Ultrasound can change your clinical practice.  You can use it with back and sacroiliac joint patients, urinary and fecal incontinence patients, prolapse patients, post-prostatectomy patients, bowel patients, postpartum patients,….the list goes on!  The prices of ultrasound units continue to go down and make it much more affordable for clinicians to be able to afford.  I would recommend considering adding this tool to your list of available tools in your clinic. 

At HWConnect, you will hear speakers discuss using ultrasound in their research and can see a demo of ultrasound use for a pelvic floor patient.  You can also learn to use ultrasound in your practice with a  Rehabilitative Ultrasound Imaging course offered through Herman and Wallace this September, as well as several dates for next year!  If you do decide to get this exciting new tool, I promise you won’t be disappointed once you learn to use it and implement it into your clinical practice!


  1. Dietz, HP.  Ultrasound in the investigation of pelvic floor disorders.  Curr Opin Obstet Gynecol.  2020; Dec; 32(6):431-440.

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Rehabilitative Ultrasound Imaging - Women's Health and Orthopedic Topics - September 29 - October 1, 2023
*3 Day course (Friday-Saturday-Sunday) with internal and external labs

Price: $675
Experience Level: Intermediate
Contact Hours: 22.5

Description: This three-day course is designed to provide instruction in the generation and interpretation of rehabilitative ultrasound images as they relate to the pelvic girdle. Both lecture and lab material will be presented that will allow the participant to immediately incorporate the use of rehabilitative ultrasound imaging into their evaluation and treatment plans for patients with diagnoses including lumbopelvic pain and instability, pelvic organ prolapse, and urinary incontinence.

The course comprises of lectures and labs that present both ideal and abnormal responses of real-time imaging of the transverse abdominals, rectus abdominis, deep multifidus, levator ani, bladder, bladder neck, urethra, and vagina during contraction and Valsalva. Imaging methods used during labs will consist of transabdominal viewing as well as transperineal/translabial viewing methods. Prior experience with perineal and vaginal assessments is required to take the course. During labs, participants will be able to practice using machines provided by course sponsors.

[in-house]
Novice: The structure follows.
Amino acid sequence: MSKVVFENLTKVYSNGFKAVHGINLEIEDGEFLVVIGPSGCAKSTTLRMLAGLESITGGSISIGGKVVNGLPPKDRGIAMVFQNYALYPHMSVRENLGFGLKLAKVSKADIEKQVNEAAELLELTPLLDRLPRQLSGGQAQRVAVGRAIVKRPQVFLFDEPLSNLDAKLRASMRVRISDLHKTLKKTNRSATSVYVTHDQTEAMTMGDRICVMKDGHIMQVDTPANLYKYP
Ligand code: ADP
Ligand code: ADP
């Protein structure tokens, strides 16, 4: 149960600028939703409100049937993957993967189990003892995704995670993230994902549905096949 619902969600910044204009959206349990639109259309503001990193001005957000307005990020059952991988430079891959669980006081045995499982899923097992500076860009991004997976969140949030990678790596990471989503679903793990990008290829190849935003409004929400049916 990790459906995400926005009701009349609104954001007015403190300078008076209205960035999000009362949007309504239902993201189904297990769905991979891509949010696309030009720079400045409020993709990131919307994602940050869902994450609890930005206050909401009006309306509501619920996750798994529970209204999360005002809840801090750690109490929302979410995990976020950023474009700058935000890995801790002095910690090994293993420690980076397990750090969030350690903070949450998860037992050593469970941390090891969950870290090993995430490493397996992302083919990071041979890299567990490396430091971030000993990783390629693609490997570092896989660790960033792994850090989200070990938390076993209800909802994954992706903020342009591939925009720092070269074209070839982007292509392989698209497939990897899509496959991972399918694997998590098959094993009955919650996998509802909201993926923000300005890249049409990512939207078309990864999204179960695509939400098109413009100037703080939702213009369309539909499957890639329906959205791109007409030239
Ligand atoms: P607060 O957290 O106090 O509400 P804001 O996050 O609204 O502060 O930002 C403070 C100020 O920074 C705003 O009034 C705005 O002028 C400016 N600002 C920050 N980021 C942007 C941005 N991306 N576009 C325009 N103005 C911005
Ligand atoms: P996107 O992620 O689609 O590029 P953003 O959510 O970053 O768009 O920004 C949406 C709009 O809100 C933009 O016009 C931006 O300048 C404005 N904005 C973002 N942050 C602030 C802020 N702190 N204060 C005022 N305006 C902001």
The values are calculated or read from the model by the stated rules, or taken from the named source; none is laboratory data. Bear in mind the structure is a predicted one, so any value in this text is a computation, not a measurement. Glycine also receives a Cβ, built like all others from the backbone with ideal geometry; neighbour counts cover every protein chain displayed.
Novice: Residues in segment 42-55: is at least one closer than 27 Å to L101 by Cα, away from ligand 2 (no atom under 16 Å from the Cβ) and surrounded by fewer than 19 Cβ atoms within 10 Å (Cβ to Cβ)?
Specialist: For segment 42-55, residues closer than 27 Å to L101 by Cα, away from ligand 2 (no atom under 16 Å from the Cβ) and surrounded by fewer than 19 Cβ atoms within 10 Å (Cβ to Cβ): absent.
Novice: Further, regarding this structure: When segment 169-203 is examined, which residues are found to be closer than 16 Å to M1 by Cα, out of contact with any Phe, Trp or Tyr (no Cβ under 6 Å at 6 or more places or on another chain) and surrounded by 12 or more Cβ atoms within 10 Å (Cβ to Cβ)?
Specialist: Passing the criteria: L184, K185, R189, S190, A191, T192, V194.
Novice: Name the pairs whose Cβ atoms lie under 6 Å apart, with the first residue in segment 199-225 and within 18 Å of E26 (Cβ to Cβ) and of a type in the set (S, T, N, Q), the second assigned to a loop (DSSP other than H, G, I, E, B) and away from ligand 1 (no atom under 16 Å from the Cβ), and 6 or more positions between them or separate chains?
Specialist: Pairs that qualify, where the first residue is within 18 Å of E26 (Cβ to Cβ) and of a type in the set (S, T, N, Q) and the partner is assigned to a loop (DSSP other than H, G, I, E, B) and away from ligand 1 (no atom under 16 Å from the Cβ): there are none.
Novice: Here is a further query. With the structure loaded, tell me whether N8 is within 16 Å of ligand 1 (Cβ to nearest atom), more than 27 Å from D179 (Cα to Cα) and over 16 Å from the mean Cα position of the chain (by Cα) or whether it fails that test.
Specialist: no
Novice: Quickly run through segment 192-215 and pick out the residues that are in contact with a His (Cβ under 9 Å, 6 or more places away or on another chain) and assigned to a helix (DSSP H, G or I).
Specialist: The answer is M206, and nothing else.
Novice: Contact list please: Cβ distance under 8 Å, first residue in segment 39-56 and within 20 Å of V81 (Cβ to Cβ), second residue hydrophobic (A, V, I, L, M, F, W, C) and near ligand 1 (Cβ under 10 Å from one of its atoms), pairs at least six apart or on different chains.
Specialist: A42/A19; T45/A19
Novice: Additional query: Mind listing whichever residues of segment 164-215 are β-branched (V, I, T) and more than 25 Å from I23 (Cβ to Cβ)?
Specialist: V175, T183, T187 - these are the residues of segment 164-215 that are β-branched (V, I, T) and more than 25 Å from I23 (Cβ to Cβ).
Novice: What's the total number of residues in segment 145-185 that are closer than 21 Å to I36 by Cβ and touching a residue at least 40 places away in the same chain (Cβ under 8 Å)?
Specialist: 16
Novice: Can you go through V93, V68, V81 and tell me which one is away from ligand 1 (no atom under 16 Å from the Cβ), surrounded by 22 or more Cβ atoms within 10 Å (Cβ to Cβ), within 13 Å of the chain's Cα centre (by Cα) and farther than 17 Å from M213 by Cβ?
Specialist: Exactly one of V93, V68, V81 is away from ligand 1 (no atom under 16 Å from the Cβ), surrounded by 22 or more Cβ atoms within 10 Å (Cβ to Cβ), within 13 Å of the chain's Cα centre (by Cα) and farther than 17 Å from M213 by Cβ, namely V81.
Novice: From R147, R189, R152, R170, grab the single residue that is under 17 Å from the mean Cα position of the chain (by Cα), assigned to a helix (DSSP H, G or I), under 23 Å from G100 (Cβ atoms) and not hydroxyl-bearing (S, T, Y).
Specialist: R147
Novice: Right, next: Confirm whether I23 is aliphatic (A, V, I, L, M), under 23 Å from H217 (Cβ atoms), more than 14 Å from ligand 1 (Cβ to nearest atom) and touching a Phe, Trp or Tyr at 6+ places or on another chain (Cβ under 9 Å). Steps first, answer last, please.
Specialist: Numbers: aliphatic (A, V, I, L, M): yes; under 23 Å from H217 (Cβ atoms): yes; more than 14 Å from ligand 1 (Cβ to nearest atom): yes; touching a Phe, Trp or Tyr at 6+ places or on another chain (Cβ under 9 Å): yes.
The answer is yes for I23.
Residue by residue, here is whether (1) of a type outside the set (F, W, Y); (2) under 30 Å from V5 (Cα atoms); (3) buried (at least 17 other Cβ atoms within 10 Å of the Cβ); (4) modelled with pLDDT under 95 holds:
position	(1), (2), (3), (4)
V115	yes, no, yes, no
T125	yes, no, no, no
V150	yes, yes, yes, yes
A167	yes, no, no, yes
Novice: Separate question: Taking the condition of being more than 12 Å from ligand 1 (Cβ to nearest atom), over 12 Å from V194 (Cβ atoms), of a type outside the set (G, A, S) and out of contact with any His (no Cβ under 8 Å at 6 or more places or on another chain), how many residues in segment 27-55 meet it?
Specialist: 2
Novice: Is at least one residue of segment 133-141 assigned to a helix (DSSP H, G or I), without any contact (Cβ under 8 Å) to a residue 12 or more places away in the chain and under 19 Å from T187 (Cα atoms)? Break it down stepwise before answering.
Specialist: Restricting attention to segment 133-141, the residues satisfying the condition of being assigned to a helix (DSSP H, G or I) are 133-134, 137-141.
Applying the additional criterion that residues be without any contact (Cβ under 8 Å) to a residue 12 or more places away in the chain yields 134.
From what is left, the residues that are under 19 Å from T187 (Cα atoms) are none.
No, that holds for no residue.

This is an intermediate-level rehabilitative ultrasound imaging course intended for therapists having sound knowledge of training techniques for the local stabilizing muscles of the pelvic floor, transverse abdominals, and deep multifidi muscles and experience with internal vaginal exams. Prior coursework regarding the local stabilizing muscles (Diane Lee/ Linda Joy Lee, Paul Hodges, Pelvic Floor/Pelvic Girdle) is required.

Course Covers 4

Rehabilitative Ultrasound Imaging - Orthopedic Topics - September 29-30, 2023
*2 Day course (Friday-Saturday) with external labs only

Price: $475
Experience Level: Intermediate
Contact Hours: 14

Description: This two-day course is designed to provide instruction in the generation and interpretation of rehabilitative ultrasound images as they relate to the pelvic girdle and low back stabilization. Both lecture and lab material will be presented that will allow the participant to immediately incorporate the use of rehabilitative ultrasound imaging into their evaluation and treatment plans for patients with diagnoses including lumbo-pelvic pain and instability.

This course comprises of lectures and labs that present both ideal and abnormal responses of real-time imaging of the transverse abdominals, rectus abdominis, deep multifidus, levator ani, bladder, and bladder neck. During labs, participants will be able to practice using machines provided by course sponsors.

This is an intermediate level rehabilitative ultrasound imaging course intended for therapists having a sound knowledge in training techniques for the local stabilizing muscles of the pelvic floor, transverse abdominals, and deep multifidi muscles. Prior coursework regarding the local stabilizing muscles is required.